Il faut dire qu’il en avait fait des choses en une pourtant si courte période ! Nous avons décidé de lui rendre hommage en traduisant collectivement l’un des articles de son blog où il évoque son parcours et ses nombreux projets. Cet article a été initialement écrit en 2007. Psicópatas Corp. Researchers begin posting article PDFs to twitter in #pdftribute to Aaron Swartz « Neuroconscience. Yesterday, as I was completing my morning coffee and internet ritual, @le_feufollet broke the sad news to me of Aaron Swartz’s death.
Aaron was a leader online, a brilliant coder and developer, and sadly a casualty in the fight for freedom of information. He was essential in the development of two tools I use every day (RSS and Reddit), and though his guerilla attempt to upload all papers on JSTOR was perhaps unstrategic, it was certainly noble enough in cause. Open Access Explained! Academics share copyrighted journal articles on Twitter to honor Aaron Swartz. This morning, hundreds of links to copyright-protected journal articles have appeared on Twitter in remembrance of Aaron Swartz, posted by members of the academic community.
The call to the protest appears to have started on Reddit, where researcher Micah Allen said, "a fitting tribute to Aaron might be a mass protest uploading of copyright-protected research articles. Dump them on Gdocs, tweet the link. Think of the great blu-ray encoding protest but on a bigger scale for research articles.
" Early this morning the Anonymous Twitter account also announced its support for the action. Academics Are Tweeting Out PDFs of Journal Articles in Memory of Aaron Swartz. Aaron's funeral details - Remember Aaron Swartz. #PDFTribute list of documents. Farewell to Aaron Swartz, an extraordinary hacker and activist. Yesterday Aaron Swartz, a close friend and collaborator of ours, committed suicide.
This is a tragic end to a brief and extraordinary life. Aaron did more than almost anyone to make the Internet a thriving ecosystem for open knowledge, and to keep it that way. His contributions were numerous, and some of them were indispensable. When we asked him in late 2010 for help in stopping COICA, the predecessor to the SOPA and PIPA Internet blacklist bills, he founded an organization called Demand Progress, which mobilized over a million online activists and proved to be an invaluable ally in winning that campaign. Other projects Aaron worked on included the RSS specifications, web.py, tor2web, the Open Library, and the Chrome port of HTTPS Everywhere. Aaron's eloquent brilliance was mixed with a complicated introversion.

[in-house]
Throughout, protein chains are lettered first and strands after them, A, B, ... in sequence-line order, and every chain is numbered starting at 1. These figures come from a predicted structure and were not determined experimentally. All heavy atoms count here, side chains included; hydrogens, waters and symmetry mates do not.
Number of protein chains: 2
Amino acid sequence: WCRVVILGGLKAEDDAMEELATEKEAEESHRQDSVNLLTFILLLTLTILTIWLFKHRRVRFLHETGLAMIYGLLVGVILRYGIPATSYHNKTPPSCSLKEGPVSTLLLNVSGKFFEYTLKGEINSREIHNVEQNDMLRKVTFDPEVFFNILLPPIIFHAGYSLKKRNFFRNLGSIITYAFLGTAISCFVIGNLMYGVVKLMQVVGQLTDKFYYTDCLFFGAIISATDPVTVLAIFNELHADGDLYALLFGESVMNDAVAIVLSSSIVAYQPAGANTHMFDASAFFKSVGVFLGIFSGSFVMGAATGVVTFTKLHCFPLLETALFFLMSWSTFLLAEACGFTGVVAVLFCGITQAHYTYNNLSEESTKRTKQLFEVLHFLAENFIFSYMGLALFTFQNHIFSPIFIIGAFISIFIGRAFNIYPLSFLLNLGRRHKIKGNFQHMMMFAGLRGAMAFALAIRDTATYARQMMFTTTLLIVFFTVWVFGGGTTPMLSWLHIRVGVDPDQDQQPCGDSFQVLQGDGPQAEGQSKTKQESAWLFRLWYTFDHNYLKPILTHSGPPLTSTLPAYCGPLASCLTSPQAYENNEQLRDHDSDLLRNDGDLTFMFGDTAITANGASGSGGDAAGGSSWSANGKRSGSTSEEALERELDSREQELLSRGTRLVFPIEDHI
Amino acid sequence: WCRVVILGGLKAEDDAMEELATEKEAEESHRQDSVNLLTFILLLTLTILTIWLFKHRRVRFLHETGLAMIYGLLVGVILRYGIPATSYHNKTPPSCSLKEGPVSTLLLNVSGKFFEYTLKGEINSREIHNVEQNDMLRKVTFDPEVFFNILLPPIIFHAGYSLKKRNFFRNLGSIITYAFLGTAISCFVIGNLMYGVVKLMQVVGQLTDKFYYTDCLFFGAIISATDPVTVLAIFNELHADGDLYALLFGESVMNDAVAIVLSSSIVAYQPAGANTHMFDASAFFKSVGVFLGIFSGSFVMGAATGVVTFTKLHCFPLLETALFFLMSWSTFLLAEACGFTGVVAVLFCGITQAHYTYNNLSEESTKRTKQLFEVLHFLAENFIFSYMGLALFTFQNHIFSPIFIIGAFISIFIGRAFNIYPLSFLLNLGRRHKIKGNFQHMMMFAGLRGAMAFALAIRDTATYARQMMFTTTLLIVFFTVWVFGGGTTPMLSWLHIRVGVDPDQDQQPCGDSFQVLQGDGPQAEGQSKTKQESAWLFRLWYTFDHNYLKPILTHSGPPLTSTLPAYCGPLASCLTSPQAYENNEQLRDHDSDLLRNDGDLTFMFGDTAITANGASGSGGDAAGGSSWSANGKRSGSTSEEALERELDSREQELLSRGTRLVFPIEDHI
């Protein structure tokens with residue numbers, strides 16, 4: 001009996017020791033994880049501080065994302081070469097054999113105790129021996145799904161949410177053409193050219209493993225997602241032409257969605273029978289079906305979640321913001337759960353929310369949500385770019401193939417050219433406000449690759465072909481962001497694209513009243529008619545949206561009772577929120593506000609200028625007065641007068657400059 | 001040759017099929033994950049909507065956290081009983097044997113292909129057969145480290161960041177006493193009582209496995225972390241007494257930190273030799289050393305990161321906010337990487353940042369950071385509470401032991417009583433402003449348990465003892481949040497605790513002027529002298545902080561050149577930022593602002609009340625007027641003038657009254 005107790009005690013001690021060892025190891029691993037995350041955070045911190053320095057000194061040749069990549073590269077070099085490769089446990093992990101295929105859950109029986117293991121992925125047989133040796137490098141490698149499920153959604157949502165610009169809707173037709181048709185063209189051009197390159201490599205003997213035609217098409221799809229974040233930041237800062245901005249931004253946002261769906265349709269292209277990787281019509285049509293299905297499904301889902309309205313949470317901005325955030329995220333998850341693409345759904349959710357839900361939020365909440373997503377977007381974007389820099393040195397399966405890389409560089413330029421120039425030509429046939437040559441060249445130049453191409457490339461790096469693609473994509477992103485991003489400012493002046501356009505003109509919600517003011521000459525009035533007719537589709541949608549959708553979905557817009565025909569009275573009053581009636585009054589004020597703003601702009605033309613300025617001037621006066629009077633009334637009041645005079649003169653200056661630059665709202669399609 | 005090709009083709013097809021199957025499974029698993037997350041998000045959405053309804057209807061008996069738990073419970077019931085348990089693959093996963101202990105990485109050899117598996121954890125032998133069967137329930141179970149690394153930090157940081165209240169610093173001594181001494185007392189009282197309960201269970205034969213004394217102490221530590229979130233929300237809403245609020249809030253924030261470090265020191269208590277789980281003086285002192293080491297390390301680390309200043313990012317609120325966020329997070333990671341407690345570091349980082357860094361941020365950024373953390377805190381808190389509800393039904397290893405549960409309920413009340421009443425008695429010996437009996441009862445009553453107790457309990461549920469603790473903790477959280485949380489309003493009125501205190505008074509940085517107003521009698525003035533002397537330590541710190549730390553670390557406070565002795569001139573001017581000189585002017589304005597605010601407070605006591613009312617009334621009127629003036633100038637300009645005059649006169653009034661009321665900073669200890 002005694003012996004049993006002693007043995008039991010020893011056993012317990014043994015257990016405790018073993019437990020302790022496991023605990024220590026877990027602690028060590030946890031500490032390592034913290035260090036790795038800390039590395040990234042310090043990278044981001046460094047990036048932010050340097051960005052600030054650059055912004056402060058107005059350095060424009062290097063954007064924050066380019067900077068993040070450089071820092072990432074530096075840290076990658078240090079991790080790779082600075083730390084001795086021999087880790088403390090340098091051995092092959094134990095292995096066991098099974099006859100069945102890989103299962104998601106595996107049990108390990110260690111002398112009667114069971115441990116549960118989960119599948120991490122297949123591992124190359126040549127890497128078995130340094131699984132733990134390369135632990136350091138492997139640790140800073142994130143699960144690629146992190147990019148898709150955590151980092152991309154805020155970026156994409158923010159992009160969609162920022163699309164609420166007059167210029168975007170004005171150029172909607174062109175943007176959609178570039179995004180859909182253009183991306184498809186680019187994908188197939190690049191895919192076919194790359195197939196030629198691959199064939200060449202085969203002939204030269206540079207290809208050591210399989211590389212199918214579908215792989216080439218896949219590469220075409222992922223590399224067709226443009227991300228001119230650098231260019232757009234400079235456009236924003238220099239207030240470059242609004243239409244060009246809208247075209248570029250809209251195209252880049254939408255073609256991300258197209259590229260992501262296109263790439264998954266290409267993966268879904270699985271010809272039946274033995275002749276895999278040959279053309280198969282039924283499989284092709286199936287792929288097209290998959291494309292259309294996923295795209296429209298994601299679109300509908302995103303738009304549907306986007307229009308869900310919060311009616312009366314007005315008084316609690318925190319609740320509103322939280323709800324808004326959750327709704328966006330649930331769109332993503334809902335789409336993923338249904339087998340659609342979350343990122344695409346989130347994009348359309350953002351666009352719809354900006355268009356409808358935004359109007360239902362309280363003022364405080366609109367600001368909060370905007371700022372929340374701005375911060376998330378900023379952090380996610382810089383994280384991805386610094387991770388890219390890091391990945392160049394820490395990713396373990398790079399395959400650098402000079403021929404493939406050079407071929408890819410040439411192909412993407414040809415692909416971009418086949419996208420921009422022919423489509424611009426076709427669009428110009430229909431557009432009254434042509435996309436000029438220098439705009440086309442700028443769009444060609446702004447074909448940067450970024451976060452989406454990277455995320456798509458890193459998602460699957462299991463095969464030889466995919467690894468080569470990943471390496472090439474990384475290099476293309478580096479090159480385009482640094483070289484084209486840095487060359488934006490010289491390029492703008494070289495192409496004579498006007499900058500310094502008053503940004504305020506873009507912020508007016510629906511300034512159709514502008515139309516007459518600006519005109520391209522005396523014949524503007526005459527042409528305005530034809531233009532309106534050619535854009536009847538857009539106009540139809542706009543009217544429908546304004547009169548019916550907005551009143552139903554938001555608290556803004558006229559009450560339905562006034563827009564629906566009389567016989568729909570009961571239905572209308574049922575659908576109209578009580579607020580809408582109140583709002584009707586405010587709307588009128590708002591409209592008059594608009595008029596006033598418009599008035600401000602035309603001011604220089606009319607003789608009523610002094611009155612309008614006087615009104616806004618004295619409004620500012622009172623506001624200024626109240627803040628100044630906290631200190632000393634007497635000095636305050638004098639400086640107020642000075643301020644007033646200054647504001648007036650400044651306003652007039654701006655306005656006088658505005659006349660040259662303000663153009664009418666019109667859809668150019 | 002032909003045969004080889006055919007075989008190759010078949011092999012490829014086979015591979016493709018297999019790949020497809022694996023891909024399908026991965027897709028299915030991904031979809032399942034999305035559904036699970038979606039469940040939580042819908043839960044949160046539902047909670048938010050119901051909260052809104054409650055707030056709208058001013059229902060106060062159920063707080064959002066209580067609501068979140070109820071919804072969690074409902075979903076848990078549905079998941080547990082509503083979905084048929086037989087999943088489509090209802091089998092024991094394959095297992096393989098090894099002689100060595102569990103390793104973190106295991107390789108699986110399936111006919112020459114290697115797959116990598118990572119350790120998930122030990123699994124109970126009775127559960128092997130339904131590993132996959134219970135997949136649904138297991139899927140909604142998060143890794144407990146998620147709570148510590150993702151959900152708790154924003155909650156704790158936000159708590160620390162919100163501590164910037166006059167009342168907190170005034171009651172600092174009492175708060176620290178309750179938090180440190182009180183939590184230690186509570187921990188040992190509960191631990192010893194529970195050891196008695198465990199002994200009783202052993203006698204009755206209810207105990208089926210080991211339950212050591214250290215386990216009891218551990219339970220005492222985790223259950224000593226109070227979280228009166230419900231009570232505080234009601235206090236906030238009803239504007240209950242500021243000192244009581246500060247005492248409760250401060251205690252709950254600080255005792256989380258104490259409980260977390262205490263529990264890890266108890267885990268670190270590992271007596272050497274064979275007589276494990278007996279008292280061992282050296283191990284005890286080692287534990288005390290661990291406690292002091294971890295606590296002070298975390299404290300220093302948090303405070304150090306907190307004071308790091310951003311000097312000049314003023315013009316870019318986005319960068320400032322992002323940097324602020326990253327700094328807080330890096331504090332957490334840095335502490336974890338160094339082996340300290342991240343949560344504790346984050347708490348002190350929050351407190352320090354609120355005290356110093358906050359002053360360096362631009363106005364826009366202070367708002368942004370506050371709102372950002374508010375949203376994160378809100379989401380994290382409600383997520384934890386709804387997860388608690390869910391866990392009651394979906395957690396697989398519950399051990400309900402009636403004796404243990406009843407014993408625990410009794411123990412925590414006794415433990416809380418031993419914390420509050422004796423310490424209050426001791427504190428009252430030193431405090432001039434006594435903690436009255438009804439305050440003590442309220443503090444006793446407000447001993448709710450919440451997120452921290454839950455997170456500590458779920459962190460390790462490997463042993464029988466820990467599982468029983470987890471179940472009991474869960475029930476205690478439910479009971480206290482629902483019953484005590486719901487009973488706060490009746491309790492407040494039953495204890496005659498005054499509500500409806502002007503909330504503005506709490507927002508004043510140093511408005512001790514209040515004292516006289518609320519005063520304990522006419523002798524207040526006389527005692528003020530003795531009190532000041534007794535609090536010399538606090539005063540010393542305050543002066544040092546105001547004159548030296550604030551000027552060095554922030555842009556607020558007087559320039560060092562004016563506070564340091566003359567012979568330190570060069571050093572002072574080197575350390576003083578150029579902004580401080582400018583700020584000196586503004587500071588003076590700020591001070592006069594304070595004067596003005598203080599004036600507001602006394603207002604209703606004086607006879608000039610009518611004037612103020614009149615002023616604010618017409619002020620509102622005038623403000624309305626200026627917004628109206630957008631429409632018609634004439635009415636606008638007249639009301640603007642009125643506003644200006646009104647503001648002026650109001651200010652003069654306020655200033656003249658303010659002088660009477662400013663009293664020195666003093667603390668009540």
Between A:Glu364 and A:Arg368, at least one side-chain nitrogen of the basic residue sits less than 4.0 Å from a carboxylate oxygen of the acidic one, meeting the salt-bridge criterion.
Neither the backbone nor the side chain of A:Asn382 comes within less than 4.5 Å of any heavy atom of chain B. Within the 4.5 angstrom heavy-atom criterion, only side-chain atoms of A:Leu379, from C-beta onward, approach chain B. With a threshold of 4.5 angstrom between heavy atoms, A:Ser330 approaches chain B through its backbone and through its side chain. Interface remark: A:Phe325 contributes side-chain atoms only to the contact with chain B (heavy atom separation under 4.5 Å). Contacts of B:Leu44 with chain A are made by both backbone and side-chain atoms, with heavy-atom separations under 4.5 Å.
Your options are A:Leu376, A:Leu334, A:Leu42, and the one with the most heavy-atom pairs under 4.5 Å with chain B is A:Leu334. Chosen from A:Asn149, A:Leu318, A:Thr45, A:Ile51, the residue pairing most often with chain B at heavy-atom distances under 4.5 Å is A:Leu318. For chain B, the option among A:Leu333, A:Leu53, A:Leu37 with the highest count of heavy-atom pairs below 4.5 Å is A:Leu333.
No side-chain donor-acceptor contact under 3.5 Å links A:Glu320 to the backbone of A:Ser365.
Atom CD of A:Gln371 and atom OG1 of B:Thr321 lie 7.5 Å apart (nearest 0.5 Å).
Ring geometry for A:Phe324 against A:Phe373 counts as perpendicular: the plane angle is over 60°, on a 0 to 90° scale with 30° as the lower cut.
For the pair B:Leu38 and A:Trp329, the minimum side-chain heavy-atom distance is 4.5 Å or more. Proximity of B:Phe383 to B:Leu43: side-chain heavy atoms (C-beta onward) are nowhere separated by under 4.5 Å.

Moreover, the situation Aaron found himself in highlights the injustice of U.S. computer crime laws, and particularly their punishment regimes. Researchers honor Swartz's memory with PDF protest. In a tribute to Aaron Swartz, the Internet activist who committed suicide Friday, researchers have begun posting PDFs to Twitter to honor his campaign for open access. Swartz, 26, had faced the possibility of $4 million in fines and more than 50 years in prison for allegedly stealing 4 million documents from the Massachusetts Institute of Technology and Jstor, an archive of scientific journals and academic papers.
The authorities claimed that he broke into a restricted-access computer wiring closet at MIT and accessed that network without authorization. The PDF campaign was born out of a desire to honor Swartz's memory and his battle for open access to documents on the Internet, said Micah Allen, a researcher in the fields of brain plasticity, cognitive neuroscience, and cognitive science. "A fitting tribute to Aaron might be a mass protest uploading of copyright-protected research articles," Allen wrote yesterday on Reddit. "Dump them on Gdocs, tweet the link.